Memphis students would get more opportunities to earn job certifications before graduation under a proposed revamp of career and technical education in Shelby County Schools.
Details of the overhaul are still under wraps, but Chief of Schools Sharon Griffin wants to make sure the district’s offerings align with the region’s most sought-after jobs. That may mean more classes focused on hot career fields like health care and information technology.
The school board is expected to get a first look at the proposal later this month.
Career and technical education, or CTE, is getting renewed attention under a state and federal push to prepare students for jobs of the future. And it’s especially important to students in Memphis because nearly half of graduates from Shelby County Schools don’t enroll in any formal education after high school and 21 percent aren’t working either — the highest rate in the nation.
Meanwhile, business leaders are talking with school leaders about improving education pathways to equip graduates for work in high-demand jobs that don’t necessarily require a college degree.
“We need our students to have work-based learning experiences and residencies and then [businesses] don’t even have to train them,” Griffin said. “They’ll come out with a license; we’re going to pay for it. They’ll come out with a license ready to work.”
Currently, the 27 traditional high schools in Tennessee’s largest district offer a total of 207 classes that explore 16 career paths ranging from finance to advanced manufacturing. About 20,000 students participate.
But of about 400 participating seniors who are eligible to gain job certification, less than half did so last school year. Superintendent Dorsey Hopson says that has got to change.
“The point of revamping our CTE program is we don’t really have true effective career paths right now,” Hopson told school board members last week. “We spend $20 million on CTE, but its not designed to say that when I finish this program, I’ve got something I can go out to an employer and say ‘I’m skilled and I’m ready for this job and I’m certified.’”
Shelby County Schools has incentives to revamp its CTE programs. In response to a new federal education law, the Tennessee Department of Education will grade schools in part on how well they prepare students — not just for college, but for directly entering the workforce.
“It’s about making sure you can map and track and document and assess and quantify whether or not something is working,” said Terrence Brown, who co-directs CTE for the district. “And all of that has been on the college-bound, academic part of the house, not in trade and industry and skills and training. [Now] the age of accountability has now come to career and technical education.”
To measure a “ready graduate” under its new plan, Tennessee will look at how many students earned industry certification, took dual enrollment or Advanced Placement classes, passed military entrance exams, or earned a 21 or higher on the ACT. The metric accounts for 20 percent of school and district scores under a new grading system being rolled out later this year.
As part of its stepped-up commitment to workforce training, Shelby County Schools already has introduced a major change to one of its most historic high schools. East High began this school year to transition to an optional school focused on transportation logistics, engineering, and technology in partnership with several businesses such as global engineering manufacturer Cummins.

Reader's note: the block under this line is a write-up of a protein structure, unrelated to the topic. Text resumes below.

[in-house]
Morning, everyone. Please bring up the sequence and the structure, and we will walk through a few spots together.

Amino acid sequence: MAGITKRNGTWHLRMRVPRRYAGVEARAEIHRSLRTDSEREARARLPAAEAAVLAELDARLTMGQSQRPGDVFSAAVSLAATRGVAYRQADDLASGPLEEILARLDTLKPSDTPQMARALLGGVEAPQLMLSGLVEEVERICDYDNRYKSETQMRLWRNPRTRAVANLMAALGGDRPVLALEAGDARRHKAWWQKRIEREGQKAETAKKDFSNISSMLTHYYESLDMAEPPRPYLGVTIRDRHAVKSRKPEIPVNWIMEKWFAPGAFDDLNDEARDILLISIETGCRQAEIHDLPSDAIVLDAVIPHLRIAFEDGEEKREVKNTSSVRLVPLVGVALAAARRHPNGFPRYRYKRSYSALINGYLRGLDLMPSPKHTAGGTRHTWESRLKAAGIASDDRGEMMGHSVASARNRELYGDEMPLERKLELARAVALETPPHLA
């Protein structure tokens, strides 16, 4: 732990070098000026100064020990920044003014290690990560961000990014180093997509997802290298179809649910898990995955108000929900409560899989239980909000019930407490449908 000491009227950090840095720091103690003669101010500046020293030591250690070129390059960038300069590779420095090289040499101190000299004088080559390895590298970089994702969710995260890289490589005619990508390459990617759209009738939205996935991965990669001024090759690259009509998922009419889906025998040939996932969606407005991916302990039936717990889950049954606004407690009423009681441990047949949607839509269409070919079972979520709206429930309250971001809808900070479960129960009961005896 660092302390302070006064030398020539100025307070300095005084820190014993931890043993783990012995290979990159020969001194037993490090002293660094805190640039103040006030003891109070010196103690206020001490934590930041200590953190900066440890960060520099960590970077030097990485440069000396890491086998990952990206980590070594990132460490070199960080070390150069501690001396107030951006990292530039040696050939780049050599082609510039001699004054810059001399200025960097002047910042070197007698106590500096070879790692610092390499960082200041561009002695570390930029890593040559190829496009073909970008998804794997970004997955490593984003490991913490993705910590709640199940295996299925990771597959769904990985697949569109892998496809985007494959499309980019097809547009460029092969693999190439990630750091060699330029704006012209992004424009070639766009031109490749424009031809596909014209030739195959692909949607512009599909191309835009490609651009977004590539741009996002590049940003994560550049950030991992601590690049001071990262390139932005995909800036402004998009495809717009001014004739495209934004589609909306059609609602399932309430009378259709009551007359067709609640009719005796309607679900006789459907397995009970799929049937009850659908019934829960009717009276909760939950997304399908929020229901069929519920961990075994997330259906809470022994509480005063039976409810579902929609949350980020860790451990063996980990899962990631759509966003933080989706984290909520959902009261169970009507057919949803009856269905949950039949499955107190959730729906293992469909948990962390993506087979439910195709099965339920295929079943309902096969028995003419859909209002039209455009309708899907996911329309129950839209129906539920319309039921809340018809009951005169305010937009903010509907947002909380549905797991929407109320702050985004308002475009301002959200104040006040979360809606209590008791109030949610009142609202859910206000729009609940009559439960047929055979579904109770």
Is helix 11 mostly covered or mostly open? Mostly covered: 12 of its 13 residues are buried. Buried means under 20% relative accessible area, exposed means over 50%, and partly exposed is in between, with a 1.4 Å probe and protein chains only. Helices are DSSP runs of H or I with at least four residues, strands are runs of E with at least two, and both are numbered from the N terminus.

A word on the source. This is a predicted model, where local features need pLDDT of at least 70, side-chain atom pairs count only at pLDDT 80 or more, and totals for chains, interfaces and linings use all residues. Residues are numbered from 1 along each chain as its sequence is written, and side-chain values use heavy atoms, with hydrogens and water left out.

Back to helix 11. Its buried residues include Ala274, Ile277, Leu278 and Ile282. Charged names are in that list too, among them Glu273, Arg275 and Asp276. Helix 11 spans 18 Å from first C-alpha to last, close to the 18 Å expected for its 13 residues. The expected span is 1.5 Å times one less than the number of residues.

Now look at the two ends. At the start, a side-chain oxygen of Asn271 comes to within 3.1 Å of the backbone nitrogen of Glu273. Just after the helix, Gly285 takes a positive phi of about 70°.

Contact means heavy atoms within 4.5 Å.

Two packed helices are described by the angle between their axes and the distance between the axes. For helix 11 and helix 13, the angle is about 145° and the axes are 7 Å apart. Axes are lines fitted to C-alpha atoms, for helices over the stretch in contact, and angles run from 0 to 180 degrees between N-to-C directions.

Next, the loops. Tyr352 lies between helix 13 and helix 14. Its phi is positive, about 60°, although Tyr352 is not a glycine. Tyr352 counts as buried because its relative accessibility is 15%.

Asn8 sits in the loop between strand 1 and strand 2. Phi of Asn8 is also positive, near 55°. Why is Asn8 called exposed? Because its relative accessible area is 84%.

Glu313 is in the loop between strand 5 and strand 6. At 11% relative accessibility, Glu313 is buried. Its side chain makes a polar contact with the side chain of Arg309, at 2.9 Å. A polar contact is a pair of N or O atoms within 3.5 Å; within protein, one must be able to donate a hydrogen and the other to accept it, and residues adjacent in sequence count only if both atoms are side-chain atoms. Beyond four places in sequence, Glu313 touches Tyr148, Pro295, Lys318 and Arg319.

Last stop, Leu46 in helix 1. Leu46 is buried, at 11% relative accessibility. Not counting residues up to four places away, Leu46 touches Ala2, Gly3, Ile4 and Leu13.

But the goal is to get a quarter of students districtwide participating in CTE by offering courses at more high schools. And the focus will be on equipping students for high-demand jobs that offer living wages in the Mid-South. More than 100 jobs fit that bill and not all require a college degree, according to a report from the Center for Economic Research in Tennessee. Those fields include electricians, machinists, medical record technicians, and computer support specialists, all of whom earned at least a median income of $40,000 per year in 2016.
U.S. Secretary of Education Betsy DeVos has promoted the importance of career training by visiting schools with robust CTE programs such as one in Murfreesboro that she toured last November during her first stop in Tennessee as education secretary.
Meanwhile, U.S. Sen. Lamar Alexander, the Tennessee Republican who helped author the new federal education law, told Politico recently that updating how federal funds are allocated for CTE is one of his top priorities this year.
But some educators and advocates worry that CTE will become a second-tier track for students viewed as incapable of going to college — or that their advantage in a fast-changing workforce will be short-lived.
“We want to make sure we’re not doing what we use to do with (vocational-technical education),” said Maya Bugg, CEO of Tennessee Charter School Center. “My dad would tell me that, as a black male, they funneled him to vo-tech because you’re a black male.”
A 2015 Stanford University study of CTE programs in 11 countries showed short-term employment gains for students. However, the researchers also found that those students lacked the skills to adapt to changes in the economy later in life compared with peers with a more general education.
Brown said Shelby County’s redesigned program will focus on higher-wage jobs that students can get certified for during high school or can train for in technical schools after graduating. That could boost business prospects when big companies consider locating to Memphis — such as the city’s recent failed bid to land an Amazon headquarters.
“One of the things we believe Amazon was looking for was (information technology) people who could come off the bat and write code and set up cybersecurity,” Brown said. “If you have an IT certification, you’re going to be in demand.”